Sorrow & Smoke: Live at the Horseshoe Lounge
Music Road Records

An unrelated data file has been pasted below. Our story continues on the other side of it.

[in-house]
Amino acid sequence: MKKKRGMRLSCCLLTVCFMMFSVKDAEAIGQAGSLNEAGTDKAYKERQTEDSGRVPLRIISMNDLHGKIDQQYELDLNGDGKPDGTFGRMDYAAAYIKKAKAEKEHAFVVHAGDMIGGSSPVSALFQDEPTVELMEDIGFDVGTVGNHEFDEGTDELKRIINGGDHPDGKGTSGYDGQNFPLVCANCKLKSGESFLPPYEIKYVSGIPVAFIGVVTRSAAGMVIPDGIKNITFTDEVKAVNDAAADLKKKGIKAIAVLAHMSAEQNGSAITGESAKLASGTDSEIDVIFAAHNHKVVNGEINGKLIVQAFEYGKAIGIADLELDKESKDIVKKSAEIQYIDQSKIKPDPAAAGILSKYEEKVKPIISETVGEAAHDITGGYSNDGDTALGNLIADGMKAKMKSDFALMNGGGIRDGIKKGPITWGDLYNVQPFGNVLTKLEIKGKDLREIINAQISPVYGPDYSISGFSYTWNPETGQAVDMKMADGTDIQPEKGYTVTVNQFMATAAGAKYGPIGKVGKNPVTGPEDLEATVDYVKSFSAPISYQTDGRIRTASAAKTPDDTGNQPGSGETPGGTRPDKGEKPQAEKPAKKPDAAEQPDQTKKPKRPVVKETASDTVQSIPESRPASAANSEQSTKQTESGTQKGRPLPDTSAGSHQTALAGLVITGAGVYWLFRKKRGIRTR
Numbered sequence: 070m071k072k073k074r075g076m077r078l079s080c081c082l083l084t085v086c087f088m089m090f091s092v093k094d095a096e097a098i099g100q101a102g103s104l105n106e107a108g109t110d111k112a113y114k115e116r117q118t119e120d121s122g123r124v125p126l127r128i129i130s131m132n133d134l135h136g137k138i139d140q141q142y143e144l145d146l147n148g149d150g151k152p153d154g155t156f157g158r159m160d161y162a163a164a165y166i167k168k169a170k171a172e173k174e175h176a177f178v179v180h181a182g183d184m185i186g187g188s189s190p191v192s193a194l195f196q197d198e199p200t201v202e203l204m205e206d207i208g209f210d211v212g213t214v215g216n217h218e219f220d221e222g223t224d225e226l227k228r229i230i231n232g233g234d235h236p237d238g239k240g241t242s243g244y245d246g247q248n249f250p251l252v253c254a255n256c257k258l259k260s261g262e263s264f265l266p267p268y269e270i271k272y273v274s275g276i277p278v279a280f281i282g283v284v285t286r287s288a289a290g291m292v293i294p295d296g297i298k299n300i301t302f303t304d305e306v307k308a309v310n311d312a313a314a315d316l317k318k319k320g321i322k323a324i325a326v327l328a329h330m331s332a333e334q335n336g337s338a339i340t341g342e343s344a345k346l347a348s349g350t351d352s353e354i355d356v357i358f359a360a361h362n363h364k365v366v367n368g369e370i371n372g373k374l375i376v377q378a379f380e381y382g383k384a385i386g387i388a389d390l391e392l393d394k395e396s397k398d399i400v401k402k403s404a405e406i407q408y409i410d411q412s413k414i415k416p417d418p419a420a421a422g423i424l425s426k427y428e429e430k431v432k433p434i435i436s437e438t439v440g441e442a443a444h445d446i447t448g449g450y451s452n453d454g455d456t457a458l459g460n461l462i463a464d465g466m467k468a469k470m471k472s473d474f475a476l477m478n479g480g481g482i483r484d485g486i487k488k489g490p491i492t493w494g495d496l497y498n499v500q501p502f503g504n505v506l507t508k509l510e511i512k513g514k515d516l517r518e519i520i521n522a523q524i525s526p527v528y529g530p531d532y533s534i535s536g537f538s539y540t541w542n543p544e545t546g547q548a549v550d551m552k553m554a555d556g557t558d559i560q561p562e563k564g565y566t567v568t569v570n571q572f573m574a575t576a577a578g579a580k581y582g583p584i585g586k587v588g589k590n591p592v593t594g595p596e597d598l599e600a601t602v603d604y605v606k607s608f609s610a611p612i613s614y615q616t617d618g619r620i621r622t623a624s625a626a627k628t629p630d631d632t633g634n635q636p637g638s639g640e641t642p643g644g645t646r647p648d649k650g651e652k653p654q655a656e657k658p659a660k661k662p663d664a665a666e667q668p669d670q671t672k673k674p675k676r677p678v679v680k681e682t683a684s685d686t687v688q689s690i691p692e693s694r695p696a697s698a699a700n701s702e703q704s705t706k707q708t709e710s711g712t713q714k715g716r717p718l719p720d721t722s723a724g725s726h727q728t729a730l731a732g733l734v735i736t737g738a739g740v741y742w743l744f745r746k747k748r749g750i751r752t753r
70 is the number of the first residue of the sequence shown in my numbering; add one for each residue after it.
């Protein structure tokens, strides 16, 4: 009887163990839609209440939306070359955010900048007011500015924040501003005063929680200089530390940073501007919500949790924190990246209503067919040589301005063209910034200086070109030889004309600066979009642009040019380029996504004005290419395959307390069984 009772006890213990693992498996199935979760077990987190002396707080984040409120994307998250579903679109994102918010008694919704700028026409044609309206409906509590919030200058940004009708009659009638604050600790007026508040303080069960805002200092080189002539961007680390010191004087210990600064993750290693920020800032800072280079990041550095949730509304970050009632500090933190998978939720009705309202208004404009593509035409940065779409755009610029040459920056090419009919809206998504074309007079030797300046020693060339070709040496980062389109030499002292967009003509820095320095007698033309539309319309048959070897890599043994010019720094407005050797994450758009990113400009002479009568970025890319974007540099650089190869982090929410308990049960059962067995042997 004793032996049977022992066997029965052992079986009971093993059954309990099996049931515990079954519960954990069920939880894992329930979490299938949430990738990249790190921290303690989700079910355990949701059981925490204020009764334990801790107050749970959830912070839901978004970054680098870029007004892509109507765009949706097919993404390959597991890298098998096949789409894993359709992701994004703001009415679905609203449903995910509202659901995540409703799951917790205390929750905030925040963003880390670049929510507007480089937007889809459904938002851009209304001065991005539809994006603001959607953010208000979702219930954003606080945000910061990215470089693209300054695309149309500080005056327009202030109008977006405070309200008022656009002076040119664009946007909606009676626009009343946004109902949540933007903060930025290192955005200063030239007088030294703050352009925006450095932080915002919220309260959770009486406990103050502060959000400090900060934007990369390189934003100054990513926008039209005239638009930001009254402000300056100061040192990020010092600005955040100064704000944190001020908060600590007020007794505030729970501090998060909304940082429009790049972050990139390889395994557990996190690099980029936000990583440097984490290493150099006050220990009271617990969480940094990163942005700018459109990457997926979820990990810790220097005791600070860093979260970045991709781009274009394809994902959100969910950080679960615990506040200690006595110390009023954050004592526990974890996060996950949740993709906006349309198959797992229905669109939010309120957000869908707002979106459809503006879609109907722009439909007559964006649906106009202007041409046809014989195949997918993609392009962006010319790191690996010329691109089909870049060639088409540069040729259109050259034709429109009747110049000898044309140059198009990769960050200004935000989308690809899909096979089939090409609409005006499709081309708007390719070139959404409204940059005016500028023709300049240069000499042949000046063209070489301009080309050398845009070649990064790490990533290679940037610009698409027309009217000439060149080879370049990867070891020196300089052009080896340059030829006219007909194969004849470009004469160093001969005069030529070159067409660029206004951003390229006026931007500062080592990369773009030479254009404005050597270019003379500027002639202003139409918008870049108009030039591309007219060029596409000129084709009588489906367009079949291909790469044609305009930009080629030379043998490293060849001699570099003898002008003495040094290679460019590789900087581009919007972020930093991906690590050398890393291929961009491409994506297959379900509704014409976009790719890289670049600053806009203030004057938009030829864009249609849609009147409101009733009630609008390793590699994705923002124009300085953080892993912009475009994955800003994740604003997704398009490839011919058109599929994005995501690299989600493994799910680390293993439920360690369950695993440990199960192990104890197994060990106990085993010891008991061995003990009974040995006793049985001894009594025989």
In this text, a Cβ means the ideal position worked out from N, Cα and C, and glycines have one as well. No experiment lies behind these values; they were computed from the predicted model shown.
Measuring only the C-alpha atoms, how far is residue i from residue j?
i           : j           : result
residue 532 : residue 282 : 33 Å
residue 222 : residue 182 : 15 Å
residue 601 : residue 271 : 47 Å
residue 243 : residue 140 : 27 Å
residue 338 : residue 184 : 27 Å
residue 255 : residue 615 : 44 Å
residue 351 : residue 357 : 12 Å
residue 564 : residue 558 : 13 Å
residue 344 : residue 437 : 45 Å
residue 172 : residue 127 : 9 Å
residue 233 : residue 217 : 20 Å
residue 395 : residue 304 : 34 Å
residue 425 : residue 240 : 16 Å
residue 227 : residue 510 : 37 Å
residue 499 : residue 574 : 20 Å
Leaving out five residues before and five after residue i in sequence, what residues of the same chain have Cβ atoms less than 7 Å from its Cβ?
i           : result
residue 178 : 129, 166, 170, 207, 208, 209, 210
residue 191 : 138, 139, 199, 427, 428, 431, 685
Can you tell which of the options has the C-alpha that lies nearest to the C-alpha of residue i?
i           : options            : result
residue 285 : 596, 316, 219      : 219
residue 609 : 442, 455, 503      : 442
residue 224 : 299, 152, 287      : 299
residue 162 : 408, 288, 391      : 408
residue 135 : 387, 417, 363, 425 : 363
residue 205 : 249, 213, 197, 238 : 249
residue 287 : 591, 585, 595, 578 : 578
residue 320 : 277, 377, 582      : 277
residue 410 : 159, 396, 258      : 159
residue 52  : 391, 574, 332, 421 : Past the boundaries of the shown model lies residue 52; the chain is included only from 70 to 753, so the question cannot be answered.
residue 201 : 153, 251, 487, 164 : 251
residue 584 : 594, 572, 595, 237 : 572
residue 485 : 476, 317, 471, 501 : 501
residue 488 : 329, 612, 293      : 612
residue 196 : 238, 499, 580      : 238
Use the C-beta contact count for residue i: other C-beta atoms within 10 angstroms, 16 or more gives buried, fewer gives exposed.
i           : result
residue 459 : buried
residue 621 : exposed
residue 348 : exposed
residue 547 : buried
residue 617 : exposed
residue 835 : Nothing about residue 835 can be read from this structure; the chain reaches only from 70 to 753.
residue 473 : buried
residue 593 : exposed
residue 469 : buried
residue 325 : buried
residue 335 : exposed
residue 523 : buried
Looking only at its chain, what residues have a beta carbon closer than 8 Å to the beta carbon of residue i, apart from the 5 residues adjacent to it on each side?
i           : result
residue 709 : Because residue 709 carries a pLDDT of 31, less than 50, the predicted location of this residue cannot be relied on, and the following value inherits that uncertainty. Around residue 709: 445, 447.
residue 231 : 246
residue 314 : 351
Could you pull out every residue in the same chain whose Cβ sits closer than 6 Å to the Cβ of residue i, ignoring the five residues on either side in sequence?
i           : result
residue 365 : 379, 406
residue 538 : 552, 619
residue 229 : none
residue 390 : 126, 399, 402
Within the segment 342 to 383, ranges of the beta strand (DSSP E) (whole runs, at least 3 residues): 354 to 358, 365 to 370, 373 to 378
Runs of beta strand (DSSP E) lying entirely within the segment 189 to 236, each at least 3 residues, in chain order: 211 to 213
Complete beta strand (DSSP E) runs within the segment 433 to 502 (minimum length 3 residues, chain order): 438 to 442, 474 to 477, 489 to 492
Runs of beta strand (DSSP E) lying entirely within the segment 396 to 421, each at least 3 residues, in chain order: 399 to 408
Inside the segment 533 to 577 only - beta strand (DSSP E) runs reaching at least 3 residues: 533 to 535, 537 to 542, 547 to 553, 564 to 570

Considering the average three or four-year span between his new releases, it’s a little surprising that Maine-born, Austin-based singer-songwriter Slaid Cleaves hasn’t issued a live album before now, just to fill one of those gaps. But just as has always been the case with his studio albums, when Cleaves finally delivers, he delivers in spades. Sorrow & Smoke: Live at the Horseshoe Lounge especially benefits from the long wait, because its 21-song set list (spread across two discs) serves as a career-spanning greatest-hits showcase, with plenty of room for not only all the expected Americana-radio calling cards (“Broke Down,” “Wishbones,” “New Year’s Day” and, naturally, “Horseshoe Lounge”), but equally fine “album track” gems like “Key Chain” and “Below,” more recent winners like “Cry” (from 2009’s Everything You Love Will Be Taken Away) and even a brand new song, the excellent “Go for the Gold.” The second disc even features a pair of old Don Walser covers, allowing Cleaves to dust off his impressive yodel (“You guys better have a plan B in case I go down on this one,” he quips to his band before starting the late “Pavarotti of the Plains” standard, “Rolling Stone from Texas.”) The band is technically just lead acoustic guitarist Michael O’Connor and accordion/harmonica/trumpet player Oliver Steck, but everyone crammed into the small South Austin bar (more of a neighborhood watering hole than regular music venue) plays a key part, too, whoopin’ and hollarin’ in all the right spots (including lumberjack gang vocals on “Breakfast in Hell”) and affording the quieter songs listening-room respect. Cleaves’ studio catalog is too consistently good to bypass completely in favor of any one anthology, but for longtime fans and newcomers alike, Sorrow & Smoke is essential. — RICHARD SKANSE